Information Services for People with Developmental Disabilities: The Library Manager's Handbook

Front Cover
Linda Lucas Walling, Marilyn Money Irwin
Greenwood Publishing Group, 1995 - Language Arts & Disciplines - 344 pages


Developmental disabilities are the most numerous of disabilities, and they are exceptionally complex. This professional reference overviews developmental disabilities, discusses the information needs of people with developmental disabilities, and provides practical guidance to librarians and information professionals who serve them. Particular attention is given to the ramifications of the Americans with Disabilities Act for librarians.

The first part of the book defines and describes developmental disabilities from perspectives relevant to librarians and information professionals. The second part examines key life issues that have a major impact on people with developmental disabilities. This section emphasizes the current trend toward the inclusion of people with developmental disabilities in mainstream society. References to related information sources are included throughout. The third part looks at disabilities from the perspective of the library or other information agency. An appendix lists organizations, agencies, businesses, and libraries that provide additional materials.

From inside the book

What people are saying - Write a review

We haven't found any reviews in the usual places.

Selected pages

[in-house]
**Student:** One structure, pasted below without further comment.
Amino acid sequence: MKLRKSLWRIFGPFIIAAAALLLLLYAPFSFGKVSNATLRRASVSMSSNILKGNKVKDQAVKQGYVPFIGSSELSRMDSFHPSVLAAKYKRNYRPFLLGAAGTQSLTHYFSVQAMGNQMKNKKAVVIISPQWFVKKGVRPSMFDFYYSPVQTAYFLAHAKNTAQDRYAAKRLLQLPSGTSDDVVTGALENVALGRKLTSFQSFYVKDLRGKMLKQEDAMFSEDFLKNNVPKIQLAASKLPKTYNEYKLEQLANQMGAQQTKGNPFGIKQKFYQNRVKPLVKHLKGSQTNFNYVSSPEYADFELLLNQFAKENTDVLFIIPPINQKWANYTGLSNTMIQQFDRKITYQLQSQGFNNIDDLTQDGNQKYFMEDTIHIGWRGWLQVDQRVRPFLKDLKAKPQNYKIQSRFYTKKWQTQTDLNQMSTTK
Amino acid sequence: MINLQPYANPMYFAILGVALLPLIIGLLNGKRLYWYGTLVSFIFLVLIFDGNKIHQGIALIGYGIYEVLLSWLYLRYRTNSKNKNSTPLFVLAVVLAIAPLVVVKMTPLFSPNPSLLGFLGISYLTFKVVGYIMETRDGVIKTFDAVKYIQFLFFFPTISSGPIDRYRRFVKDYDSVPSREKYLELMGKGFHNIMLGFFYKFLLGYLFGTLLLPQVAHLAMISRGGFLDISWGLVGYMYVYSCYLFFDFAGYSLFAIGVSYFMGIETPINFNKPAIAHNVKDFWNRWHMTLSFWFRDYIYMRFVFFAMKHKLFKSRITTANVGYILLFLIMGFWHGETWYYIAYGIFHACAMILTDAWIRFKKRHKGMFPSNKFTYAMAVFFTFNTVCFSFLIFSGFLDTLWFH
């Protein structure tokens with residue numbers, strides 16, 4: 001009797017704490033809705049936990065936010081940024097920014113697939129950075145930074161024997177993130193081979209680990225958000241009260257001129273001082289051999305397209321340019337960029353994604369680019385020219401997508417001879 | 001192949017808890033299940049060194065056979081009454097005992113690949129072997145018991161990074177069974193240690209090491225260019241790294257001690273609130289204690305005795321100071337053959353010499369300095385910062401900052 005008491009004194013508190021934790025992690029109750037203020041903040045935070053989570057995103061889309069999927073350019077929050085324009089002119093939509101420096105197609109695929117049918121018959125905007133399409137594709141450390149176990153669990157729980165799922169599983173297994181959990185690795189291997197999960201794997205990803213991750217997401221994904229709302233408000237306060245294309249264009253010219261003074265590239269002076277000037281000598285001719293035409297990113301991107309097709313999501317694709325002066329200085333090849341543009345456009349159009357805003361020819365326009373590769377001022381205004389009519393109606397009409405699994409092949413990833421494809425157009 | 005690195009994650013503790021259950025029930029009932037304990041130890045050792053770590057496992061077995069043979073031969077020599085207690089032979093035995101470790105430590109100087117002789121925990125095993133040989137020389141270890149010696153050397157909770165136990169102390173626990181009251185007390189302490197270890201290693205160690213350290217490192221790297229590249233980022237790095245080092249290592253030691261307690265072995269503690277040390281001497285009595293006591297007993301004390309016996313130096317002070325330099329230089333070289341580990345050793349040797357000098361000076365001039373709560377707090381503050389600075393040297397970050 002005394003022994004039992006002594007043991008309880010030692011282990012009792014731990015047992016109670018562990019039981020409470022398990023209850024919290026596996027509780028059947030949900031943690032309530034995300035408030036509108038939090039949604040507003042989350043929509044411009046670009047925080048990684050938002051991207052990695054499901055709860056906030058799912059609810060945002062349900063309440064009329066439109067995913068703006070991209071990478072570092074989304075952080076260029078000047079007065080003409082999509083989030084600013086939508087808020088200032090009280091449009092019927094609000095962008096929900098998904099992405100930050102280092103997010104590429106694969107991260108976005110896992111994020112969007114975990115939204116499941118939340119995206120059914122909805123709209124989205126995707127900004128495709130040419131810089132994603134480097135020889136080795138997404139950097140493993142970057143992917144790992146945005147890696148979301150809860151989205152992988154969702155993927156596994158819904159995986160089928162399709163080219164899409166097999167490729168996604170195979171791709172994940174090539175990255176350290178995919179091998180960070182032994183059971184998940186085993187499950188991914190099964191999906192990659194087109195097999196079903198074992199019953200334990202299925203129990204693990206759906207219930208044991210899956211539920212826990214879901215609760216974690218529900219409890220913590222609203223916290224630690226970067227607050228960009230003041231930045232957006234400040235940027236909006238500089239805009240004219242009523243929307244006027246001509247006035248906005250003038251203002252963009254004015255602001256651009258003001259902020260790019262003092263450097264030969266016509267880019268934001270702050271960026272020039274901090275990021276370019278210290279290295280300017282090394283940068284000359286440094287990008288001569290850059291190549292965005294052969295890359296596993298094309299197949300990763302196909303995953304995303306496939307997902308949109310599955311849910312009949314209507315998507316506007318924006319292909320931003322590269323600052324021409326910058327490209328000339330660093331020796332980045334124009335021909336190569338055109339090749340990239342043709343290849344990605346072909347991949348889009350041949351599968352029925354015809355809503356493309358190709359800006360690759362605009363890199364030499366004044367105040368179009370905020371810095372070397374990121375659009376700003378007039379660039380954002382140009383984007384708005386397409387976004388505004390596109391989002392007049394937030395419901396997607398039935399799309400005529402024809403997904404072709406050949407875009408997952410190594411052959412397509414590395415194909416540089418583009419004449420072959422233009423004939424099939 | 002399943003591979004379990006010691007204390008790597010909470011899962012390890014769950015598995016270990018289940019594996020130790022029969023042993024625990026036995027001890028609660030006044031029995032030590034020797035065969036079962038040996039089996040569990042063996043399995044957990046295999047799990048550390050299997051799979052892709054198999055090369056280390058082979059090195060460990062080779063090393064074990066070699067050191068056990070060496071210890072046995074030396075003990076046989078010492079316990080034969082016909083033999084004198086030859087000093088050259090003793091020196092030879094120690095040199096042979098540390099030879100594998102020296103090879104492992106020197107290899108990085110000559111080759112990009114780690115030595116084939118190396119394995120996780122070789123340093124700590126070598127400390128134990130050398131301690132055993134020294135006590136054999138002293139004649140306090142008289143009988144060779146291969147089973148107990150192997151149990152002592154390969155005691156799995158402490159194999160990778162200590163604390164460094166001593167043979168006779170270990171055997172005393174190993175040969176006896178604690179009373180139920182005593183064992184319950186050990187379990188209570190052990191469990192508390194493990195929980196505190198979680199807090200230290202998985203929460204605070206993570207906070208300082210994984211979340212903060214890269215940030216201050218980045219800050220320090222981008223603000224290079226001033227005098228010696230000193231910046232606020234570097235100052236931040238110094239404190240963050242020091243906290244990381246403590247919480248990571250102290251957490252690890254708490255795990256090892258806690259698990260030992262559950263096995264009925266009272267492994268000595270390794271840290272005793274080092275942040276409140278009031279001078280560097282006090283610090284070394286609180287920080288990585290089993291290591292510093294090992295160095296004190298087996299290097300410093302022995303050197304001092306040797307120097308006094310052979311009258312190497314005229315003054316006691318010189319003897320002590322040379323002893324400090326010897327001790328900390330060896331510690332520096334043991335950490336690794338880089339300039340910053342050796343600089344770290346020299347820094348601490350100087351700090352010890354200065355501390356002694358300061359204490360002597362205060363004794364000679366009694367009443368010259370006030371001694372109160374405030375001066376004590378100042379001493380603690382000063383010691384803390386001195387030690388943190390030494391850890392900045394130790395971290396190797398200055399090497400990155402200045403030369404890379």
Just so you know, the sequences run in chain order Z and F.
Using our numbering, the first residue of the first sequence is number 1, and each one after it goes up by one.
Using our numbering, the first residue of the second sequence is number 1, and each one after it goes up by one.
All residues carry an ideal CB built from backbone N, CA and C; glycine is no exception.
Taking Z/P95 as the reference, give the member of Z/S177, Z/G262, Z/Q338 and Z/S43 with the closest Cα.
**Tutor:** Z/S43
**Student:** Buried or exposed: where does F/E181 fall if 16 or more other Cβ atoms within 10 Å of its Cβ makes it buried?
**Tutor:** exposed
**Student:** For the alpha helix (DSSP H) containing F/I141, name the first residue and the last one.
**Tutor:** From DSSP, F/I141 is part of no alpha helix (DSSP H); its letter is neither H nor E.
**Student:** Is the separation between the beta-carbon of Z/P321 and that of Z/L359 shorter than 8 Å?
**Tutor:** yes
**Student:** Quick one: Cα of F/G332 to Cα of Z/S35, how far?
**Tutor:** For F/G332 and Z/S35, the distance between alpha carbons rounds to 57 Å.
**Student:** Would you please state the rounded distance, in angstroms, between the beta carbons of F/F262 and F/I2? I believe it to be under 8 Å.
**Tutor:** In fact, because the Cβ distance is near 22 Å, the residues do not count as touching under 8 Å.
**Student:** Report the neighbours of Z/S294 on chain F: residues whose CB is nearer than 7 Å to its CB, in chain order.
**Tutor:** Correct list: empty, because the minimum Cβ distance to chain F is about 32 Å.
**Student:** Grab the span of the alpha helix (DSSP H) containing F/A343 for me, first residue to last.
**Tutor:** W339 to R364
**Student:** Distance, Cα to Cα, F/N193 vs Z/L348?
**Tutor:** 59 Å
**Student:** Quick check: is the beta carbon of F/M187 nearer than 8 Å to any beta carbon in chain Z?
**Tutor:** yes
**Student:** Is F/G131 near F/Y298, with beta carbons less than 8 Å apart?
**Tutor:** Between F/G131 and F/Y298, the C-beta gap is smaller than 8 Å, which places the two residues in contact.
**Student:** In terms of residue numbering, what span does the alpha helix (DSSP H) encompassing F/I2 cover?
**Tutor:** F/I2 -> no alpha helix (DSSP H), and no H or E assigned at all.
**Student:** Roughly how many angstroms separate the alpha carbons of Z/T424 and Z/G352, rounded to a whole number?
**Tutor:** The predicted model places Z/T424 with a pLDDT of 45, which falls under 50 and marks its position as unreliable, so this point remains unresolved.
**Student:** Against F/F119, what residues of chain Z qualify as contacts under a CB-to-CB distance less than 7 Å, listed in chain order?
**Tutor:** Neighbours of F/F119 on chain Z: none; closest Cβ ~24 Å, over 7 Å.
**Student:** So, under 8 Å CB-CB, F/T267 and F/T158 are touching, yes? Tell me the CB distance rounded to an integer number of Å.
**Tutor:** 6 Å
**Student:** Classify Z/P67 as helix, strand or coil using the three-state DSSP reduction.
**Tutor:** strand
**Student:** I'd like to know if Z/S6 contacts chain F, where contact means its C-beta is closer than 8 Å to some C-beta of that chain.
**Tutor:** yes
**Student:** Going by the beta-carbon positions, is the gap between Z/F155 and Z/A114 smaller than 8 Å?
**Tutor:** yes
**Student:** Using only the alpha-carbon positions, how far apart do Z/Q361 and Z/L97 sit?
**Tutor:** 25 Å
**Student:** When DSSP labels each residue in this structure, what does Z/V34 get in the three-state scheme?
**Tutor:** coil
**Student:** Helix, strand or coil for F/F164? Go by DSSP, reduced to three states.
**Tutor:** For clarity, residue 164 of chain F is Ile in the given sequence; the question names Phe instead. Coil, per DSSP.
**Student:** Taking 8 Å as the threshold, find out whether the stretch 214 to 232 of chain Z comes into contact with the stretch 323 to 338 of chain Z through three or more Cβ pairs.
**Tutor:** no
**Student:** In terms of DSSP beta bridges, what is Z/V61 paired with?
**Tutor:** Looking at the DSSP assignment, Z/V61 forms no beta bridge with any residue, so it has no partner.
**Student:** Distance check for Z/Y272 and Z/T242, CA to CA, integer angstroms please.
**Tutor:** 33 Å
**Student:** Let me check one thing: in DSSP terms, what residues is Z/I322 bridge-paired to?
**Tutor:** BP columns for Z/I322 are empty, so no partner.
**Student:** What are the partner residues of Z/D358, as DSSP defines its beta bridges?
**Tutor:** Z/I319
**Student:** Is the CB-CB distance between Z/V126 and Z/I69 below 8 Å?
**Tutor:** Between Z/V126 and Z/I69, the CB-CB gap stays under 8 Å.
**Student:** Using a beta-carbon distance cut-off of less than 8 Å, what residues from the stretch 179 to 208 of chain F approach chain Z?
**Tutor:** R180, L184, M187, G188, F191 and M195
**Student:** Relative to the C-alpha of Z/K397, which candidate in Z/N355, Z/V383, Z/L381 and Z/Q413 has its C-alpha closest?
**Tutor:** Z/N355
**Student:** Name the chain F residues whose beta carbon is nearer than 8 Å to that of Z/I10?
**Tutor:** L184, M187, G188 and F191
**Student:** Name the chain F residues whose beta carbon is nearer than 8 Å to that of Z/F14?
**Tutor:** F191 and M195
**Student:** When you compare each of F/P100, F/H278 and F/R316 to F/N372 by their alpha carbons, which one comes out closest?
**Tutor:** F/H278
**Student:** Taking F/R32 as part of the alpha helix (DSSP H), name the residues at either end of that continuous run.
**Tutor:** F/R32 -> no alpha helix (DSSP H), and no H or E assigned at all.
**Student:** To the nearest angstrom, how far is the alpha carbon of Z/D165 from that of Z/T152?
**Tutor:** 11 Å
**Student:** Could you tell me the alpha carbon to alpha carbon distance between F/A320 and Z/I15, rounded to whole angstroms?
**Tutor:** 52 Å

Contents

Developmental Disabilities Lifelong Severe and Alterable
iii
The Issues
15
Young Children Intervention and Education
21
Education
29
Technology
37
Living in the Community
53
The Role of Leisure Time
61
6 Transportation
73
Recreational Reading for Adults with Mental Retardation
175
Outreach Special Needs Centers and Mainstreaming Services Options for Public Library Service
189
Managing Successful Public Library Services for Information Access
199
Academic Libraries and Students with Developmental Disabilities
211
Equipping SelfAdvocates with Effective Information Access Skills
223
The Information Needs of Employers Planning to Comply with the Americans with Disabilities Act
233
Institution Libraries Serving a Changing Clientele
245
Information Centers A Series of Cameos
255

Employment
89
Aging People with Developmental Disabilities
97
Library and Information Services
107
Toys Games and Other Tangibles Library Provision and Use
117
Sharing Literature with Children Who Have Developmental Disabilities
133
The School Media Centers Role in Meeting the Needs of Youth with Disabilities
147
Helping Adults with Mental Retardation Satisfy Their Information Needs
159
Standards and Guidelines for Information Service
267
Conclusion
273
Sources of Information Equipment and Materials
279
Select Bibliography
285
Index
287
About the Editors and Contributors
319
Copyright

Common terms and phrases

Popular passages

Page v - ... reflects the person's need for a combination and sequence of special, interdisciplinary, or generic care, treatment, or other services which are of lifelong or extended duration and are individually planned and coordinated.